|Institution:||Università di Bologna|
|Keywords:||CHIM/04 Chimica industriale|
|Full text PDF:||http://amsdottorato.unibo.it/7104/1/Ziosi_Paolo_tesi.pdf|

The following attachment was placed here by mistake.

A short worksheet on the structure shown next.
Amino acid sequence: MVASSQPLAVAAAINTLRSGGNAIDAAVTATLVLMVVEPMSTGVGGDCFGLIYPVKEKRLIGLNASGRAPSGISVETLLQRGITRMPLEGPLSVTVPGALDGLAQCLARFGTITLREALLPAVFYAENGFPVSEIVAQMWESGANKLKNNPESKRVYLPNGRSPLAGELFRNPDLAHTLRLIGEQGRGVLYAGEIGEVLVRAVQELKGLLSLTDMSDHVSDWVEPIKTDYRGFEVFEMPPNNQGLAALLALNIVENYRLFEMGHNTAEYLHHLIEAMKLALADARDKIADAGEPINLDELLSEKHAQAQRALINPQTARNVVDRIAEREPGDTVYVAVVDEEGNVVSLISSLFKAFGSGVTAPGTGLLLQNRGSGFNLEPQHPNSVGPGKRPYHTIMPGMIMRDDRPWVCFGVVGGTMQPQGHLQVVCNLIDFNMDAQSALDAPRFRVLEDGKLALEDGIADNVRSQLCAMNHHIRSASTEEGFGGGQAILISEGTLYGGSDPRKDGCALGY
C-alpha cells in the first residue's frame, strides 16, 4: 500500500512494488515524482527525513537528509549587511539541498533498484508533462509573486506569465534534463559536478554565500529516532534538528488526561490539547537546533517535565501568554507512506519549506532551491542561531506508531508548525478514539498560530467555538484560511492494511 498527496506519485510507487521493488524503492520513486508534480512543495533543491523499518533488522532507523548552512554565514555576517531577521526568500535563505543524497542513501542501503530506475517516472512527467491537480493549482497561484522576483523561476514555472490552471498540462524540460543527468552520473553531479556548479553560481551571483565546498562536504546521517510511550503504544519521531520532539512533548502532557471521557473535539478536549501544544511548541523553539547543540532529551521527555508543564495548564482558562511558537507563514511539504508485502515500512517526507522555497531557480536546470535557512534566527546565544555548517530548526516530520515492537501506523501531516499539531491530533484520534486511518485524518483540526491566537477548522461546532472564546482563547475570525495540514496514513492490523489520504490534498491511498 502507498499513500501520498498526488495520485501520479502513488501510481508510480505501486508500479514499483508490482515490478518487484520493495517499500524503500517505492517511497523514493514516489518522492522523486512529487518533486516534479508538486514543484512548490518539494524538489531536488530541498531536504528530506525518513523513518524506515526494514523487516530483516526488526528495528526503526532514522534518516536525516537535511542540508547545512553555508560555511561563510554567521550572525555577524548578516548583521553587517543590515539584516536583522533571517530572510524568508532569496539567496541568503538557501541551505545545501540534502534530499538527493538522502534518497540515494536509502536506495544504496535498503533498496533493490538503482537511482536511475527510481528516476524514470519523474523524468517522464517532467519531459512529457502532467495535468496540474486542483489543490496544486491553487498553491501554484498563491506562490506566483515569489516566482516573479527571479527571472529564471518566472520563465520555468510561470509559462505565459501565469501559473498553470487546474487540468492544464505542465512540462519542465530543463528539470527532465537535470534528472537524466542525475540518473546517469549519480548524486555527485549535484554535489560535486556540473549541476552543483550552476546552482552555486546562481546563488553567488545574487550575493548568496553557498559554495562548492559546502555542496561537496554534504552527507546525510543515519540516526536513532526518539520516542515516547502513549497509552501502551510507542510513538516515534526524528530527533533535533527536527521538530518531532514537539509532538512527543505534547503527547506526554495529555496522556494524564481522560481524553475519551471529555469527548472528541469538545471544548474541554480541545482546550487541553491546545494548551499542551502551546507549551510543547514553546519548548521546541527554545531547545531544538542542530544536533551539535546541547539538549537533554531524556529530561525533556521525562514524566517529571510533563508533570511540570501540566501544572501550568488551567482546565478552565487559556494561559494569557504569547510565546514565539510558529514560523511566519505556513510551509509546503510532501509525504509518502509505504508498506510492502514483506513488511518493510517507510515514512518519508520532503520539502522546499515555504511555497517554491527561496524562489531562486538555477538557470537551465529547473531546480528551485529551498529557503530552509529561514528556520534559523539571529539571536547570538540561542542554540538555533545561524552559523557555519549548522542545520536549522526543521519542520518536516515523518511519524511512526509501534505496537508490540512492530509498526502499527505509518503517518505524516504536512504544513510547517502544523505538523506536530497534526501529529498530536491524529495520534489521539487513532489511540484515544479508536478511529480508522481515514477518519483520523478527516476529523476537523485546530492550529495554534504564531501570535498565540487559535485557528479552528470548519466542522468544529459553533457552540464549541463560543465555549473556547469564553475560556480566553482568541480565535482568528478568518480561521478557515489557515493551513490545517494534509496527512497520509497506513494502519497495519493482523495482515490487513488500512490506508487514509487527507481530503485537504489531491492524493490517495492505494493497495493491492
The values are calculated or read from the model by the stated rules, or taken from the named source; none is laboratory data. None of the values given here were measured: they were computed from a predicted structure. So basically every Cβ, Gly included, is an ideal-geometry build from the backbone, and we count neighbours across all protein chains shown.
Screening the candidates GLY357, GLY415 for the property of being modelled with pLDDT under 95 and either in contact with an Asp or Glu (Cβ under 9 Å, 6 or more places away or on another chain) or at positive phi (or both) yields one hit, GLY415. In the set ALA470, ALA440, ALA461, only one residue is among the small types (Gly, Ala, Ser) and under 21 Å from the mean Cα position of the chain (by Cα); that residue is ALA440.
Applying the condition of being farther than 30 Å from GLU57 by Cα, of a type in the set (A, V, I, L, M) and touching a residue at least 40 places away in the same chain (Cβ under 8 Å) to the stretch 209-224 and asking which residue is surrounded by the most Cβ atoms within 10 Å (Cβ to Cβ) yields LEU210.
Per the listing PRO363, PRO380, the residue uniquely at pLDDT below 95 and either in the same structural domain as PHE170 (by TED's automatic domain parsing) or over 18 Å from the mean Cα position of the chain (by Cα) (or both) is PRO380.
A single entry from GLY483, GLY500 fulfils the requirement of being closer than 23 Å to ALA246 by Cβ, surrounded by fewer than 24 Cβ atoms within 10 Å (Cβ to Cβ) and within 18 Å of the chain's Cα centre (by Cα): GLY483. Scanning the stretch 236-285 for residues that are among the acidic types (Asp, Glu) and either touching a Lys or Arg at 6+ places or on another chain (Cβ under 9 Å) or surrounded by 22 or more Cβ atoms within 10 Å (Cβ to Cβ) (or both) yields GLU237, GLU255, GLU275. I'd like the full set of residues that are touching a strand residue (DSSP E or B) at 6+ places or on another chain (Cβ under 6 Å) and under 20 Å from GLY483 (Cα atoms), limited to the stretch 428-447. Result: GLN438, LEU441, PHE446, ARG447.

The research work has dealt with the study of new catalytic processes for the synthesis of fine chemicals belonging to the class of phenolics, namely 2-phenoxyethanol and hydroxytyrosol. The two synthetic procedures investigated have the advantages of being much closer to the Green Chemistry principles than those currently used industrially. In both cases, the challenge was that of finding catalysts and methods which led to the production of less waste, and used less hazardous chemicals, safer solvents, and reusable heterogeneous catalysts. In the case of 2-phenoxyethanol, the process investigated involves the use of ethylene carbonate (EC) as the reactant for phenol O-hydroxyethylation, in place of ethylene oxide. Besides being a safer reactant, the major advantage of using EC in the new synthesis is the better selectivity to the desired product achieved. Moreover, the solid catalyst based on Na-mordenite was fully recyclable. The reaction mechanism and the effect of the Si/Al ratio in the mordenite were investigated. In the case of hydroxytyrosol, which is one of the most powerful natural antioxidants, a new synthetic procedure was investigated; in fact, the method currently employed, the hydrolysis of oleuropein, an ester extracted from the waste water processing of the olive, makes use of large amounts of organic solvents (hexane, ethyl acetate), and involves several expensive steps of purification. The synthesis procedure set up involves first the reaction between catechol and 2,2-dimethoxyacetaldehyde, followed by the one-pot reduction of the intermediate to give the desired product. Both steps were optimized, in terms of catalyst used, and of reaction conditions, that allowed to reach ca 70% yield in each step. The reaction mechanism was investigated and elucidated. During a 3-month period spent at the University of Valencia (with Prof. A. Corma’s group), a process for the production of diesel additives (2,5-bis(propoxymethyl)furan) from fructose has been investigated.